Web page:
I agree with father Guy, except in the situation that the bishop has heraldically-bad coat of arms. The are several auxiliarians in the USA who should use the possibility to change their personal symbols, when they transfer to a residential see, f.i. bishop Cozzens, aux of Saint-Paul & Minneapolis and bishop Justice, aux. of San Francisco.
Of the last saturday created new cardinals are a few who had coats of arms that were so bad that they cried for change! The best example in this is the change done in his arms by cardinal Arlindo Gomes Furtado, cardinal-bishop of Cabo Verde. See wikimedia bishops crests. He changed his arms (the orginal one did n’t deserve this name) with suffcient heraldic result.
Arms that also could be much improved are those of cardinal Sturla Berhouet: maintain all the three symbols, bu drwa them better in heraldic tincture and remove that pseudo-papal mitre with two bends by taking back a well-shaped double cross and a red cardinal-hat.
Most of the new cardinals had however well-shaped arms and thank God they kept their shields unchanged.
Very interesting point which i’ve never paid attention to (when a design is hastily adopted…).
Was there any change in Heraldry after the Protestant reformation?
Dear Netanel and webmaster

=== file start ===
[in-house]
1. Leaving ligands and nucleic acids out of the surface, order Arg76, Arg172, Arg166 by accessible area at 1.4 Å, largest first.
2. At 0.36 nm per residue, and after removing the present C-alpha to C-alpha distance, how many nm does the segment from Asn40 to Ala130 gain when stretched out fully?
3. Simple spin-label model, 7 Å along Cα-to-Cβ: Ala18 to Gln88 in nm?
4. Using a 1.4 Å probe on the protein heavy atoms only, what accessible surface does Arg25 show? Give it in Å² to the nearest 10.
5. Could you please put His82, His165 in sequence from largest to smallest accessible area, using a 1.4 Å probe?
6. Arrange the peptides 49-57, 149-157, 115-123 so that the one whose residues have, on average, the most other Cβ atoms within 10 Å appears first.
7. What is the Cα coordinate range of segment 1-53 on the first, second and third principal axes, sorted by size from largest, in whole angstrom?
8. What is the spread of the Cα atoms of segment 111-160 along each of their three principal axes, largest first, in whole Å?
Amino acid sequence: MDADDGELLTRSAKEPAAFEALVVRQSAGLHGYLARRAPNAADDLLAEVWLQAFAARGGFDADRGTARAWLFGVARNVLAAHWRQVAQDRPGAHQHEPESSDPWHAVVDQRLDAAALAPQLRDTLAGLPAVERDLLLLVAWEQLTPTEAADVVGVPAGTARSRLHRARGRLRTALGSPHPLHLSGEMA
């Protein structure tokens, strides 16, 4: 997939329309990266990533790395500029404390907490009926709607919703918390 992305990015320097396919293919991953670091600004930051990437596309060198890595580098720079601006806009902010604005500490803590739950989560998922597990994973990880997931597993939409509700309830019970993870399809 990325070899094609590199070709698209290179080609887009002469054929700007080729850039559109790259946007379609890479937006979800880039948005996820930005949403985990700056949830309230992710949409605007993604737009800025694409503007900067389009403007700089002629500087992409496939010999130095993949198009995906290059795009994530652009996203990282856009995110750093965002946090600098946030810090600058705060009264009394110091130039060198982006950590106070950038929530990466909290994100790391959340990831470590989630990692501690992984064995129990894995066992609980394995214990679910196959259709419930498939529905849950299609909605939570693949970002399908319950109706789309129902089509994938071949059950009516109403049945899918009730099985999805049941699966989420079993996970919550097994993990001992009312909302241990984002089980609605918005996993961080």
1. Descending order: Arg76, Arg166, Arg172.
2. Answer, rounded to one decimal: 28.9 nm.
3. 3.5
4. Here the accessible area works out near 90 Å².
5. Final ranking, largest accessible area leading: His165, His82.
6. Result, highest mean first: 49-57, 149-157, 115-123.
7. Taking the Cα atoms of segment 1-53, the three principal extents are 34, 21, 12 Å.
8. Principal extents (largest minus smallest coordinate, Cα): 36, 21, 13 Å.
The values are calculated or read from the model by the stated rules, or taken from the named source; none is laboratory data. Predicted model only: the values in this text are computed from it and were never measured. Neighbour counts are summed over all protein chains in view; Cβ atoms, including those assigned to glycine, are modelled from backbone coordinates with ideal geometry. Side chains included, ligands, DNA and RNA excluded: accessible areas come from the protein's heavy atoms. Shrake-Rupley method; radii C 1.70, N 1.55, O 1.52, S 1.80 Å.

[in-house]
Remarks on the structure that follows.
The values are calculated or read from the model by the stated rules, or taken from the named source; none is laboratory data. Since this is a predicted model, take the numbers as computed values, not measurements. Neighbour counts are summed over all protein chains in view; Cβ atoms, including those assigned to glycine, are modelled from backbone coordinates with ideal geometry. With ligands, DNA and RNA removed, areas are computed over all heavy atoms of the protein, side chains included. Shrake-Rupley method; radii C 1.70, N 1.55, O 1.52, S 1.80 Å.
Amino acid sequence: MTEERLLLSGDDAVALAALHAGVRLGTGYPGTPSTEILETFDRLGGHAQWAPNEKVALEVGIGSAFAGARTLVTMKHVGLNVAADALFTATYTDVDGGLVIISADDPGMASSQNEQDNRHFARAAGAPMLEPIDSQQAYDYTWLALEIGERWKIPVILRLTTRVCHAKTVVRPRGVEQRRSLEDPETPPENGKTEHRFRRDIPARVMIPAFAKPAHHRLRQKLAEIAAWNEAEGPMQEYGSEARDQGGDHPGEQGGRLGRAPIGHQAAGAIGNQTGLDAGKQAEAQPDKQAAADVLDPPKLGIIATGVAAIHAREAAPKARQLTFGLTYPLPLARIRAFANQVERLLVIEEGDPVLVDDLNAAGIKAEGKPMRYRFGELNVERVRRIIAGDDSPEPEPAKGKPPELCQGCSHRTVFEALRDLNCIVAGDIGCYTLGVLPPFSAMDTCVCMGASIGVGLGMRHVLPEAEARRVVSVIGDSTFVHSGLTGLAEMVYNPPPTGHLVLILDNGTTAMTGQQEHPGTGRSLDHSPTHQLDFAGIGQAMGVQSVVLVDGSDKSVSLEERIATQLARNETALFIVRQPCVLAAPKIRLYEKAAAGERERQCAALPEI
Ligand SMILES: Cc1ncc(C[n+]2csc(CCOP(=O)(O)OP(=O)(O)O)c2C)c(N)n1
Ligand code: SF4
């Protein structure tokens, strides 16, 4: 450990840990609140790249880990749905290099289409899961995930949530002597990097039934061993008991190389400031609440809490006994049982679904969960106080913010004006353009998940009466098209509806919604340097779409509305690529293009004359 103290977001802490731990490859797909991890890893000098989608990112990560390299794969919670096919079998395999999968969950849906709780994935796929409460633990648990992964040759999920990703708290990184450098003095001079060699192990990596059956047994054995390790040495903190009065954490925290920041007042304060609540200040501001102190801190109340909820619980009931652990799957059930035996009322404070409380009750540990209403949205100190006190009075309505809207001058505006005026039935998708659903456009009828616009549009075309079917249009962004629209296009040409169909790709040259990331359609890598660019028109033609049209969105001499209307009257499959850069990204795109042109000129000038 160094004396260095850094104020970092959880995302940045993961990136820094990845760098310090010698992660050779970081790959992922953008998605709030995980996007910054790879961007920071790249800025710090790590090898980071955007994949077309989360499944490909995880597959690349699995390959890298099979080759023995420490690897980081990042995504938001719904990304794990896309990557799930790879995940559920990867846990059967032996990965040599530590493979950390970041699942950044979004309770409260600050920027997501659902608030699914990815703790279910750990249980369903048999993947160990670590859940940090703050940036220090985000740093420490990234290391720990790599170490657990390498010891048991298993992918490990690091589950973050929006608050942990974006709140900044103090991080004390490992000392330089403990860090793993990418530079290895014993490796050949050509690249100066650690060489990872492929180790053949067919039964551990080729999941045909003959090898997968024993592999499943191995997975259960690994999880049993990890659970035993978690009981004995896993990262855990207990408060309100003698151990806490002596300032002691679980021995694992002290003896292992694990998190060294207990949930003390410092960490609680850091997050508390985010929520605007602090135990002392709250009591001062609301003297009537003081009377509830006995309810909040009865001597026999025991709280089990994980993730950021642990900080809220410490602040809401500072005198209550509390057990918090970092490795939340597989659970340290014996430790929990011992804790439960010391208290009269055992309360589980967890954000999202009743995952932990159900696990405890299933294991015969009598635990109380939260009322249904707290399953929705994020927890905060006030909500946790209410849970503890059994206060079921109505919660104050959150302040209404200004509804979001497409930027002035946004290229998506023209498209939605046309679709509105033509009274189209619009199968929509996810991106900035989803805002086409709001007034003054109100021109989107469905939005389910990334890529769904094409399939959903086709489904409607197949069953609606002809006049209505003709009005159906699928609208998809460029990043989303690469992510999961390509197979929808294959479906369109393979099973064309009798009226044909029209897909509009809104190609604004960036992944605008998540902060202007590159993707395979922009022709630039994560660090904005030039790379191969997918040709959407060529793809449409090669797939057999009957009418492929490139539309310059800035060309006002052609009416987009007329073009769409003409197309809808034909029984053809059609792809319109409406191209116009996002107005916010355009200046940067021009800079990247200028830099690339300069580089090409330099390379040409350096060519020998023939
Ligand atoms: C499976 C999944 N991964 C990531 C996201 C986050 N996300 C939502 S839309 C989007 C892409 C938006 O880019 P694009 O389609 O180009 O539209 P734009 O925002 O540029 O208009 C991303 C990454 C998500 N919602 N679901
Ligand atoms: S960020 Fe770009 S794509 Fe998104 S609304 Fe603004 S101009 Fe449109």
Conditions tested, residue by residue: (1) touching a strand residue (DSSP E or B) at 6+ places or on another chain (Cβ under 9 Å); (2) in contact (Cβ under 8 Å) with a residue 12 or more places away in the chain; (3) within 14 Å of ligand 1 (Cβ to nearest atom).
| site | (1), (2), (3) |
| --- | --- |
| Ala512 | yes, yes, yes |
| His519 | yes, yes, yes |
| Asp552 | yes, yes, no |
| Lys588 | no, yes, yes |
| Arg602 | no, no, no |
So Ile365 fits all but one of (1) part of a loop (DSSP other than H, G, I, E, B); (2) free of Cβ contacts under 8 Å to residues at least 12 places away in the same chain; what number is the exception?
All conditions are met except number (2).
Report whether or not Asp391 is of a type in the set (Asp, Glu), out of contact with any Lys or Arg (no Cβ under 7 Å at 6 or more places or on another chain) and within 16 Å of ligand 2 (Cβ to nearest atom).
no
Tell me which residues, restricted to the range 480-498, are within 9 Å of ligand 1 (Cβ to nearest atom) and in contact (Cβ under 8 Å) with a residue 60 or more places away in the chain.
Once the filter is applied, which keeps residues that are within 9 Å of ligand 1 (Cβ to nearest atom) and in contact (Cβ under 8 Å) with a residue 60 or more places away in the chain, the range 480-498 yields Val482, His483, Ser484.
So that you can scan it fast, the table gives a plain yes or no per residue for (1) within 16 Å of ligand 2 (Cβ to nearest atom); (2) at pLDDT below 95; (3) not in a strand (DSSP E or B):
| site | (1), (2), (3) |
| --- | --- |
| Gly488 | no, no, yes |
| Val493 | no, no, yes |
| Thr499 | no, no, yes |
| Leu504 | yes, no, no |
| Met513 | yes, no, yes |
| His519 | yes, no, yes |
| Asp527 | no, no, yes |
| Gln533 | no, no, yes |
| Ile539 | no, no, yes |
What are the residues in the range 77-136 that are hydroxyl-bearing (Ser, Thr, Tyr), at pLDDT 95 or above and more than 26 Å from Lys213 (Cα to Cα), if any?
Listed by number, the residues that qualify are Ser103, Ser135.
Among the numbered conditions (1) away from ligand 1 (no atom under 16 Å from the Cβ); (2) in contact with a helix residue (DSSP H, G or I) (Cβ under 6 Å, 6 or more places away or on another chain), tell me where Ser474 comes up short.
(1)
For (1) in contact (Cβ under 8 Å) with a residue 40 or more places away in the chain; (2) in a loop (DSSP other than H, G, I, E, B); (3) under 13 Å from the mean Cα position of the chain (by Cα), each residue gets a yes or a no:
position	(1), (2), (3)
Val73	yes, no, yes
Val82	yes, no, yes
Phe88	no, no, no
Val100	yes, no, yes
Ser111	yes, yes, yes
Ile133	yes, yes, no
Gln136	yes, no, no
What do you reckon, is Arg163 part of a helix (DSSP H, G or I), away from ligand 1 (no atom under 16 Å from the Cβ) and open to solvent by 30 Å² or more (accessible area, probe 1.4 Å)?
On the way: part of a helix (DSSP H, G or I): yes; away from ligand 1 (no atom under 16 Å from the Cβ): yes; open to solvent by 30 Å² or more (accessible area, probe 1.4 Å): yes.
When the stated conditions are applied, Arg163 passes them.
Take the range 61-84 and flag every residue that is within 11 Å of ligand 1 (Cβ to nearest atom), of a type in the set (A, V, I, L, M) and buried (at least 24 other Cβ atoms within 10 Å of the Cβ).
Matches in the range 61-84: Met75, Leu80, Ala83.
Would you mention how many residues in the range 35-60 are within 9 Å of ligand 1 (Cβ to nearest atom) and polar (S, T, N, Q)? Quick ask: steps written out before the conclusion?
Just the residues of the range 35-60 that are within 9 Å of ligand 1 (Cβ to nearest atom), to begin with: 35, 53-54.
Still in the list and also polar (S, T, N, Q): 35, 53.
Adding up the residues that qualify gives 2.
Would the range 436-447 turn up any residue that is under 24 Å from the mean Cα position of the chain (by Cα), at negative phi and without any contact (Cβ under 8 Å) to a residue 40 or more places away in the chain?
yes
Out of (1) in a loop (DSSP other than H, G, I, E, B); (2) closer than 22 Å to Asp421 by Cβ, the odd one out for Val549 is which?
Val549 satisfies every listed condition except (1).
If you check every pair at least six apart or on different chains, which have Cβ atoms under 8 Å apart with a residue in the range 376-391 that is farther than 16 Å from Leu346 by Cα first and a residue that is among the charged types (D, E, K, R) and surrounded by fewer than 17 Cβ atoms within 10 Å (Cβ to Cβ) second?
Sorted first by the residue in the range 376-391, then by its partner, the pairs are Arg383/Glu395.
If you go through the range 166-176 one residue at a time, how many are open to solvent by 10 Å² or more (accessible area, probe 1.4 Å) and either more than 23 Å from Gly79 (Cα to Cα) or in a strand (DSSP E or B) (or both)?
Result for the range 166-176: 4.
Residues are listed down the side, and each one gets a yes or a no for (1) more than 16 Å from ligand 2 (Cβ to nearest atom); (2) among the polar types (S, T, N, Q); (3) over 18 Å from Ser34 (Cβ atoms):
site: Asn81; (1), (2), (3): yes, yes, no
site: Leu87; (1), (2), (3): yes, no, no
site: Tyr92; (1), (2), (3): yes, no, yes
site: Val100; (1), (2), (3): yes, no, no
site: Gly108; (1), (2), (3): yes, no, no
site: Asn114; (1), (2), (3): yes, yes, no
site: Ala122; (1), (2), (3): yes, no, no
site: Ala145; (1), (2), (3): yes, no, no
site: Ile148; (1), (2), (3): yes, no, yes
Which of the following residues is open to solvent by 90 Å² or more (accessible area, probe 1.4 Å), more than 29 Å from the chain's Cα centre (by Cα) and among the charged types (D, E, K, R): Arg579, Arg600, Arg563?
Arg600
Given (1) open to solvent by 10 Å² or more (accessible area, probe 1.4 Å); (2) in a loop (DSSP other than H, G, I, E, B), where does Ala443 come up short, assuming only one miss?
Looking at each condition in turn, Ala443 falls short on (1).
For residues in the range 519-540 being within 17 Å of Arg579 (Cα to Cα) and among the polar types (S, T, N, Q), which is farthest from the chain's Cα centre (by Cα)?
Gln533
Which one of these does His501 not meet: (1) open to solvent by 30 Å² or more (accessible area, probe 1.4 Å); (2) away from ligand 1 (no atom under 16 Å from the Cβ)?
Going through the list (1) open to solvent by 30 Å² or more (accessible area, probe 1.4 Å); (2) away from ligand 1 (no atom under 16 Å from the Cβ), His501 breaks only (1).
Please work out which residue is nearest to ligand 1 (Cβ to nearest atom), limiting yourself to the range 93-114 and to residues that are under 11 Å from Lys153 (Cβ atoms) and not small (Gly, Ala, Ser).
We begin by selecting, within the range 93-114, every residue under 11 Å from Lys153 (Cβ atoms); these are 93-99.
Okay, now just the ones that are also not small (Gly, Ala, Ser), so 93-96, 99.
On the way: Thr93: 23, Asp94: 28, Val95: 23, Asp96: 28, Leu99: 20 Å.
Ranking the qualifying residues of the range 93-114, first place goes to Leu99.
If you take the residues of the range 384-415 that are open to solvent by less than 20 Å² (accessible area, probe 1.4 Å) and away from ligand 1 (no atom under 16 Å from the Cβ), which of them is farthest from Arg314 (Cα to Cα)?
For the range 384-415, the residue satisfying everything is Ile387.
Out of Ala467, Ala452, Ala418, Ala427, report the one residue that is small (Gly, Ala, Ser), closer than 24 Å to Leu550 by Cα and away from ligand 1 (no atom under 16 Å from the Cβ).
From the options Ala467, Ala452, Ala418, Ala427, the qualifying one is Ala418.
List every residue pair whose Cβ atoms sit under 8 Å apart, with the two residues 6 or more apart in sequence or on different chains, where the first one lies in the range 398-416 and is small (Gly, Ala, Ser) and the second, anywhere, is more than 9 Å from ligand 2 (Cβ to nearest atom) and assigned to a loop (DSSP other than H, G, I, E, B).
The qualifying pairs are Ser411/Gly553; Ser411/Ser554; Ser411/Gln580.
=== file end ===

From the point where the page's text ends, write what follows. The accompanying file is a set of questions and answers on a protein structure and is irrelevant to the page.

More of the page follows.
I don’t think we can say ‘in general’ that there was change in heraldry after the Protestant reformation. In my country, the Netherlands, the Protestantism is mostly Calvinistic. Churches have sometimes seales here, but not more then that.
1. The Anglicans, and the Lutheran churches in (Northern-)Europe have good church heraldry with systems about like the Roman Catholic Church, but with different elements.
2. In the espicopal-Lutheran and evangelical-Lutheran churches in Germany we see some c.o.a.’s of bishops and preachers.
Concerning about the ‘non-Roman’ – catholic churches:
3. The Liberal-Catholic church (from 1916, Leadbeater) has its own system, however with prelate hat’s, crosses and croziers.
4. The Old-Catholic Church (Union of Utrecht, 1889) has a congruent system as the RC church, but last decades they removed the hat’s as being ‘to much Roman).
5. The Old Roman Catholic Church (1908, John Henry Matthew) had a system congruent to the RC church.
6. In especially Northern America I saw a lot of regional curches calling themselves catholic, with a kind of heraldry, leaning strong on the RC church but with often bad amateuristic designs.
7. The eastern-Orthodox churches have theur own heraldry with kings manteau’s, own croziers and crosses and mottoes in Greec of Slavic languages.
Today the auxiliary bishop of San Francisco, mgr. McElroy has been appointed bishop of San Diego. We see here a good example of a bishops c.o.a., that had correct elements in the shield but badly colored from a heraldic point of view: two tinctures of green in the base, very thick dividing lines and a chevron that is more a dividing line.
Here I think a change will be needed (beside the common marshalling with diocesan c.o.a. ofSan-Diego). Enough work for my USA-collegues. Good luck!